I tend to believe that Christian bookstores provide a place for Christians to hide from the real world. We have created this infrastructure of marginally well-produced literature, music, film and “art” that seems to sustain us. We have no need to engage with the greater culture, unless we’re picketing to stop gay marriage or to let teenage girls seeking abortions know they’re going to burn in hell with Hitler, Osama and Clinton.

I wonder if I dismissed the idea of Christian bookstores because the vast majority of them are exactly what I described: a safe haven for Christians who forget the parts of the Bible that call us to be active participants in the world around us. Maybe there is hope for a Christian bookstore that seeks to be countercultural instead of anti-culture?

Then there's this take from So the Fish Said about her Christian neighbors who have a Lexus:

Now, this makes me really jealous. Apparently, Jesus gave these people a Lexus and all he ever gave me was some teenage guilt and confusion. Maybe if Jesus would have given me a car I would have stuck with that whole church thing rather than skipping merrily down the path of heathen bliss which certainly leads straight to hell.

So I would like to hereby officially offer to give the religion thing another shot, provided that Jesus provides me with a new car. I think I would like a Mercedes, but if all he has is a Lexus I will take it.

I'm not pointing any fingers, but there are some people who might just promise that God wants to give you a Lexus if you make a big enough pledge. On credit cards.

I can't recall any of the words to They'll Know We Are Christians By Our Cars. I am, however, teaching my children the subversive verses to This Land is Your Land, which Woody Guthrie orginally titled "God Bless America for Me."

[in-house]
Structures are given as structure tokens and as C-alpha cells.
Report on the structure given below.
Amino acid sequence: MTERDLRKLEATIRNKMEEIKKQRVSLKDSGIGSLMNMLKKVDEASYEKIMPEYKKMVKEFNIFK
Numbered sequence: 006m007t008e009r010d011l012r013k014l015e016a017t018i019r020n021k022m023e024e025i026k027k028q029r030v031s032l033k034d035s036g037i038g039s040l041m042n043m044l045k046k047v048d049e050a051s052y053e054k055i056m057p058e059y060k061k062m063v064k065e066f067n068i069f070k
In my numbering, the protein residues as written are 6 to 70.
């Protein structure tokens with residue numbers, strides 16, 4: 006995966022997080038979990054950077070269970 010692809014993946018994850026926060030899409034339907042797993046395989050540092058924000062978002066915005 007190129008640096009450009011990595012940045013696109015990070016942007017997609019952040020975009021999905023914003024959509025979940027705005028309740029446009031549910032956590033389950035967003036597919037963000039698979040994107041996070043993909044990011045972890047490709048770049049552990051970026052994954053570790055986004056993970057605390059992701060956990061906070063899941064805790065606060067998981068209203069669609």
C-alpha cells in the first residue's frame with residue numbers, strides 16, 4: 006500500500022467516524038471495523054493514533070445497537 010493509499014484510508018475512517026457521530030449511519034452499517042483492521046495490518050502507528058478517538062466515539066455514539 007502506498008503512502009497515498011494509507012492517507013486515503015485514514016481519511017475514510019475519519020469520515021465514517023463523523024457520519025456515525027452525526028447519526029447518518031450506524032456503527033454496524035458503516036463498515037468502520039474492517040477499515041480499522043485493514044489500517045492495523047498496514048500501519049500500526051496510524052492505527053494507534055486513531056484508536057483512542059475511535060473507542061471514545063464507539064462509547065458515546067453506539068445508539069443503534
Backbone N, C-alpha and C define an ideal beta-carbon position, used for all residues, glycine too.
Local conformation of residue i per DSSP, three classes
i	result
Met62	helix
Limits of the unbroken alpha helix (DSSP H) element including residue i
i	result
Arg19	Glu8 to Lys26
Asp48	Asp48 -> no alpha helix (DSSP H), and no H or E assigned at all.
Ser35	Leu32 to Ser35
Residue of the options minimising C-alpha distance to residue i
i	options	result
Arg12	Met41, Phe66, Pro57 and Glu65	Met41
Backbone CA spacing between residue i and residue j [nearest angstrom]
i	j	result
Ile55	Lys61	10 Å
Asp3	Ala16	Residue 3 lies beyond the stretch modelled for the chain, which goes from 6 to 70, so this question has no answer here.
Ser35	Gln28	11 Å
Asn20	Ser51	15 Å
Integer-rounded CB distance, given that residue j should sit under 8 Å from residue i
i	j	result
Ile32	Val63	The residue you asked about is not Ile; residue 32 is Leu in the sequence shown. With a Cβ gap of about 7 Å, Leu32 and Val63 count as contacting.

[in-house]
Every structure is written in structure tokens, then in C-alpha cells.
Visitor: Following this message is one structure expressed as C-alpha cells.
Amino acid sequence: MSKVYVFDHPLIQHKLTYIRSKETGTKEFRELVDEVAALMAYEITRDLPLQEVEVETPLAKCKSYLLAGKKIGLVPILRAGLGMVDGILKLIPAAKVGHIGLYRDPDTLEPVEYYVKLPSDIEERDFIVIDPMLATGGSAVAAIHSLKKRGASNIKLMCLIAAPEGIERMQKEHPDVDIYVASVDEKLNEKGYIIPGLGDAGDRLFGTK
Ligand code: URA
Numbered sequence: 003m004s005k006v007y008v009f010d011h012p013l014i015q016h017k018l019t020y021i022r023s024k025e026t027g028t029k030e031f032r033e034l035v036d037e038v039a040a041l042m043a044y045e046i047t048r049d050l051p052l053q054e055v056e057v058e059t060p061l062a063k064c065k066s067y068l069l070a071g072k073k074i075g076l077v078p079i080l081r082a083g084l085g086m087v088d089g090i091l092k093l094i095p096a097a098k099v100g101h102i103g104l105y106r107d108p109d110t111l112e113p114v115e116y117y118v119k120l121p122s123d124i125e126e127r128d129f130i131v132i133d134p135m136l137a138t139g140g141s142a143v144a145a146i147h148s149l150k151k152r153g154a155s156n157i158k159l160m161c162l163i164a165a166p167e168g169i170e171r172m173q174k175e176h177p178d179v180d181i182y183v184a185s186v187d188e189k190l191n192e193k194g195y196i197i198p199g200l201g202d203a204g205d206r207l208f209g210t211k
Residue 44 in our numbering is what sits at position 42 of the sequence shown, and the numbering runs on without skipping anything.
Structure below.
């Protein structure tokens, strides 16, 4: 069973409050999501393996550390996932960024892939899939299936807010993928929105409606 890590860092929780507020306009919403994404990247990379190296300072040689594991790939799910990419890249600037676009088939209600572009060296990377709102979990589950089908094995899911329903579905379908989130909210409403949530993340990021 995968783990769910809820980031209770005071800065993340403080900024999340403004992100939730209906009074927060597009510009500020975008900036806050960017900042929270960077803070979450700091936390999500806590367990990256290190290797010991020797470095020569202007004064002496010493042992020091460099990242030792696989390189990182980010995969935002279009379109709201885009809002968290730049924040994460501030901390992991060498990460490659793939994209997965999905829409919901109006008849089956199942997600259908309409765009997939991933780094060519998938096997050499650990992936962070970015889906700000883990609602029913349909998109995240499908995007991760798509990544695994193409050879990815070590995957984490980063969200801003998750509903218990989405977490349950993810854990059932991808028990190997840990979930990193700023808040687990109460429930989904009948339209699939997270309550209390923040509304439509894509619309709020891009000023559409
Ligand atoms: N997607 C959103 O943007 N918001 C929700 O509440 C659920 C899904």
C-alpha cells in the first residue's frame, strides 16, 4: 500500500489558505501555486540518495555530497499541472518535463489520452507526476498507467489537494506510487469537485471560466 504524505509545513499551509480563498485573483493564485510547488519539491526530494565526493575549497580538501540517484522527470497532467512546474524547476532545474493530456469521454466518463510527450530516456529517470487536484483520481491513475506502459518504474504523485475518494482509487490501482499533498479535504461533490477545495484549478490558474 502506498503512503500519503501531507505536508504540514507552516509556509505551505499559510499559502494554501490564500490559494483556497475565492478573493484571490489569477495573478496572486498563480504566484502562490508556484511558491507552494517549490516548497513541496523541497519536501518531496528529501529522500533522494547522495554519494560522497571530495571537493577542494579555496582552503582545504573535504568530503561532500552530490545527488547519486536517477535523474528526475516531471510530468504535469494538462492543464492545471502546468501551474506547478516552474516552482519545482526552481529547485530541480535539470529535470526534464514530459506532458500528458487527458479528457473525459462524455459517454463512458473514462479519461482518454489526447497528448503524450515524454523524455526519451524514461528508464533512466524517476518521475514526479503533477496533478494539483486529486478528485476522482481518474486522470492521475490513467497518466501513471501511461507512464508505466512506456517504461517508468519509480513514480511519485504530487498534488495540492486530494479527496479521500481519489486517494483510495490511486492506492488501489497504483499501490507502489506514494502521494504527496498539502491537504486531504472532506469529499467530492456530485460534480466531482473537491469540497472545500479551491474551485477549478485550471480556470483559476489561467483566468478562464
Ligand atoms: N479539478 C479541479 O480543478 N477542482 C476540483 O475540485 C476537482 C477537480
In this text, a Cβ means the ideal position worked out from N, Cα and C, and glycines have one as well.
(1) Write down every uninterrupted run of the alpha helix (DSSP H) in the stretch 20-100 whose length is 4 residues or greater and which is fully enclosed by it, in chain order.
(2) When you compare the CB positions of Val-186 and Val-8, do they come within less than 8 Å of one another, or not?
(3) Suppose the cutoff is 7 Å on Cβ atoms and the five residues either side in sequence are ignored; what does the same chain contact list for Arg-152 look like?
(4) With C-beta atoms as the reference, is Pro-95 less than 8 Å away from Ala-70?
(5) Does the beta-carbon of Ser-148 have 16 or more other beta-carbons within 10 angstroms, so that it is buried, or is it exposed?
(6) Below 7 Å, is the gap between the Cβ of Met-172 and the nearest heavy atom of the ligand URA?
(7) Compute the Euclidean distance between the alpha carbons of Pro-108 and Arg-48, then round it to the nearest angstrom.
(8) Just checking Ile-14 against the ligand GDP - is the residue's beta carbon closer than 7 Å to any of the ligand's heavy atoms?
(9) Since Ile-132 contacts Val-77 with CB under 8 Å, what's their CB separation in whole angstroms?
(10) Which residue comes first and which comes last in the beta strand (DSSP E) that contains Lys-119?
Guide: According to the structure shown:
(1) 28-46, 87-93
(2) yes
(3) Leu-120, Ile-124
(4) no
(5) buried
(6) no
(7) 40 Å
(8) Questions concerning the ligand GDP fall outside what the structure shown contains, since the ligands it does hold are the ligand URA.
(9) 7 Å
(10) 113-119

In case your grade school music teacher left them out (as mine did) here are verses three and four.

As I went walking, I saw a sign there
And that sign there said "No Trespassing"
But on the other side
It didn't say nothing
That side was made for you and me

On a bright shiny morning
In the shadow of a steeple
by the relief office
I saw my people
As they stood there hungry
I sat there wondering
Did God Bless America for me

For the really curious, here's what I can remember of "Don't let them Burn the Flag." It's from 1991 or so, which explains the broccoli line--and the whole flag burning idea. For those who weren't alive or paying attention back then, this was when the Exxon Valdez had crashed, billion dollar B1 bombers were being taken out by wild geese, the hole in the ozone layer was getting bigger by the minute--and the Congress was fighting about that number one national priority, a constitutional amendment to ban flag burning.

(The verses were followed by a chorus of "Don't let them burn the flag, don't let them burn the flag, we got people living in a paper bag but don't let them burn the flag.)

There's an oil spill on the shore, won't you let them spill some more
Gonna let them ruin the environment but you can't burn the flag

Got big planes they don't fly, they're falling out of the sky
Won't you let the Pentagon rob you blind but don't let them burn the flag


Got kids flunking out of school, mediocrity's the rule
You can let your chilren be illiterate but don't let them burn the flag

Got a President named Bush, who sits round on his tush
Saying I won't eat my broccoli


Who cares about freedom of speech
your rights are out of reach
they'd string up old Thomas Jefferson
if he tried to burn the flag

The world is getting hot
The atmosphere is shot
cause you can burn hazardous chemicals
but you can't burn the flag

It's time to stand and fight
Time to do what's right
time to straighten out this country
and stop hiding behind the flag.


Powered by Blogger